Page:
Storm and Flood Damage – Policyholder Tips
For many in Northern England, the nightmare before Christmas began with the arrival of Storm Desmond, which left more than 2,000 homes and businesses flooded, and a flood damage bill which is expected to run into the millions. Amongst those affected by the storm were a number of commercial insurance policyholders who, in addition to the flood damage caused to their premises, also suffered untimely business interruption in the run up to Christmas (which, for some businesses, is often the most profitable time of year).
In the wake of this storm, and subsequent others, any business affected by the severe weather this winter are advised to take appropriate steps to deal with any insurance claim arising as a result of the damage.
These steps include:
- checking the terms of their current insurance policy to satisfy themselves that risks such as storm and flood damage are covered;
- notifying insurers immediately of any loss suffered and, in any event, within the required notice period as specified under the policy terms;
- collating evidence of their claim, including taking photographs of any damage;
- considering whether to instruct a loss assessor to help liaise with insurers (and their respective third parties), and to assist with preparing and quantifying any claim;
- dealing with potential claims from suppliers/ customers in the event of business interruption;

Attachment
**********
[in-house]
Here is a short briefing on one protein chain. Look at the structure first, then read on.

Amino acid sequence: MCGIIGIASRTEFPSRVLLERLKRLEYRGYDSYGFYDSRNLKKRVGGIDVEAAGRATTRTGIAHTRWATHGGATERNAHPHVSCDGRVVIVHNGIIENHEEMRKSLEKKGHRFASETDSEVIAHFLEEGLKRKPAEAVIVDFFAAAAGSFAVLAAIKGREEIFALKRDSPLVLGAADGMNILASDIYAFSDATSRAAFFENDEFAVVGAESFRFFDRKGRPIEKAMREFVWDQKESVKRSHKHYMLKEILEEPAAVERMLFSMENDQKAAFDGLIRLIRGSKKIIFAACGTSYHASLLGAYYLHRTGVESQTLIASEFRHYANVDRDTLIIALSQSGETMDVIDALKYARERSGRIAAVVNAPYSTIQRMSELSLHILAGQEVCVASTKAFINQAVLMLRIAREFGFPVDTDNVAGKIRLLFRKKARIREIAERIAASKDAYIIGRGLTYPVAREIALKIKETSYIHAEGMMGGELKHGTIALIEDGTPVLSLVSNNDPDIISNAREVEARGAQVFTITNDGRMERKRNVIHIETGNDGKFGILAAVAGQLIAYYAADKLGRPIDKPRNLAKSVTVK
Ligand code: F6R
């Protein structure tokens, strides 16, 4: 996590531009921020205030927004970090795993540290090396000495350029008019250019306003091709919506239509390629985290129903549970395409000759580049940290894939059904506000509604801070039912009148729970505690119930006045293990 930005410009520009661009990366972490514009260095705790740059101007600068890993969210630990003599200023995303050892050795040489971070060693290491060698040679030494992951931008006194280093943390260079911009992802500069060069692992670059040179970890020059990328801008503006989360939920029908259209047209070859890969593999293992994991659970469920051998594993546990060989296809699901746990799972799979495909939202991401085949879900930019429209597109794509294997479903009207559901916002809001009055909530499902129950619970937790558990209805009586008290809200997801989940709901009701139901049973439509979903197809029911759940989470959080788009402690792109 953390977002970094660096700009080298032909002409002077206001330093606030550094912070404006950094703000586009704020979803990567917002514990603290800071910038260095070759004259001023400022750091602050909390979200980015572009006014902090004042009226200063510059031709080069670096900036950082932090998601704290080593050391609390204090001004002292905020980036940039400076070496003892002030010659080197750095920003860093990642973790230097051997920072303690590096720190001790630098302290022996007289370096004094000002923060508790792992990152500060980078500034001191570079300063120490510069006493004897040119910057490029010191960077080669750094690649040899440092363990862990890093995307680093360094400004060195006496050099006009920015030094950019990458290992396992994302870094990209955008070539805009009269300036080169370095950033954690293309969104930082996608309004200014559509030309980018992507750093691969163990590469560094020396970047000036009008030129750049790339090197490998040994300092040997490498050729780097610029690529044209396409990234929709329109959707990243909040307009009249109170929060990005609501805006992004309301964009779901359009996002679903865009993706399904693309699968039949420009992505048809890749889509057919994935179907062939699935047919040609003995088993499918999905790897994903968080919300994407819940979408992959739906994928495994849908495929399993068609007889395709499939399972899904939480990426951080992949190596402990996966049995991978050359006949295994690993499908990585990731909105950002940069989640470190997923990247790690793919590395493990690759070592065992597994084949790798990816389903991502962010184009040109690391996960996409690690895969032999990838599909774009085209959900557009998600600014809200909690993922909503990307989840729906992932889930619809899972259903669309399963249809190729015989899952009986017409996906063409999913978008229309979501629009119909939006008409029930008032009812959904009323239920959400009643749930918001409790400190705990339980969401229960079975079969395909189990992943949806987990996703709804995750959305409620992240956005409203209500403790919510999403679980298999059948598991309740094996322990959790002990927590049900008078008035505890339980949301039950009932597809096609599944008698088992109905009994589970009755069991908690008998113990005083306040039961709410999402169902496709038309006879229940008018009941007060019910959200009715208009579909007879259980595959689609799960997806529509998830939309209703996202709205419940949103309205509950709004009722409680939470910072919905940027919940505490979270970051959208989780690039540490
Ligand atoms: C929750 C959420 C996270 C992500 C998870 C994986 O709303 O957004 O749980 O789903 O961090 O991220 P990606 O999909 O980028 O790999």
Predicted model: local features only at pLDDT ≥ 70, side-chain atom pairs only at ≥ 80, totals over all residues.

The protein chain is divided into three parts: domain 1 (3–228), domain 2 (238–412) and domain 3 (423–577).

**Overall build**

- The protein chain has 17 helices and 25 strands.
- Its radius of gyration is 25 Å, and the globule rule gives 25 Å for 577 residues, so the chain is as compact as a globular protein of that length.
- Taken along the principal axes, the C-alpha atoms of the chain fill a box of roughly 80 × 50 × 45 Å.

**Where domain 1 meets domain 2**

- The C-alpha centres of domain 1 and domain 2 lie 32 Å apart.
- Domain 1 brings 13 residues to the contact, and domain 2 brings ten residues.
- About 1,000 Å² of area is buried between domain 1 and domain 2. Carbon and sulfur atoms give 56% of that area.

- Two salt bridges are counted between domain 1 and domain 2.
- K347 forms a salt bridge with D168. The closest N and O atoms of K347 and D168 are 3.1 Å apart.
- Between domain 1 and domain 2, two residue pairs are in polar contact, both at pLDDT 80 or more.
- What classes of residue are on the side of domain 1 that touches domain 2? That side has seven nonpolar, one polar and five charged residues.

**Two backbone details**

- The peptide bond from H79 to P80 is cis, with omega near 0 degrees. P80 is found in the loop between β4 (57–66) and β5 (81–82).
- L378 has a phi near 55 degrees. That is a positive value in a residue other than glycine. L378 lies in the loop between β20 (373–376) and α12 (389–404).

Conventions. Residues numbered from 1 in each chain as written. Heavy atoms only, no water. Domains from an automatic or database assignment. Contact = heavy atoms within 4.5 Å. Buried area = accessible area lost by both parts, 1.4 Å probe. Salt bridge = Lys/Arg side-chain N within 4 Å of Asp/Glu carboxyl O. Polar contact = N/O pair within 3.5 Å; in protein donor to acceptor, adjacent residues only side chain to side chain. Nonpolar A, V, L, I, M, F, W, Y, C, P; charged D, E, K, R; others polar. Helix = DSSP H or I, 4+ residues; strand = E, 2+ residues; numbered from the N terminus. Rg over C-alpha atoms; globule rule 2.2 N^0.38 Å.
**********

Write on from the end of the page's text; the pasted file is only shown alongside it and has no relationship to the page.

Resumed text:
- considering whether steps are required to secure the premises, pending remedial works; and
- considering what can be done to try and mitigate losses, in accordance with insurers’ requirements.
In addition, all commercial policyholders may take this as a timely reminder of the importance of having adequate insurance cover in place and would be advised to:
- check the terms of any current insurance policy to ensure that storm and flood damage are covered;
- review the sums insured under the policy to confirm that:
- the premises have been insured for the full reinstatement cost (including professional fees and site clearance), rather than the market value;
- there is adequate business interruption cover in place to compensate for the shortfall in gross profit, together with payment of any increased working costs;
- any stock is insured for its cost price, to take into account seasonal fluctuations in price;
- give careful consideration to the length of the indemnity period under the policy, to ensure that the business would be afforded sufficient time to recover to the position it would have been in, had the insured risk not occurred; and
- if the property is leasehold, consider whether the landlord has taken out sufficient insurance to cover the building against flood damage and whether it is a term of the lease that the rent will be suspended whilst the building is reinstated.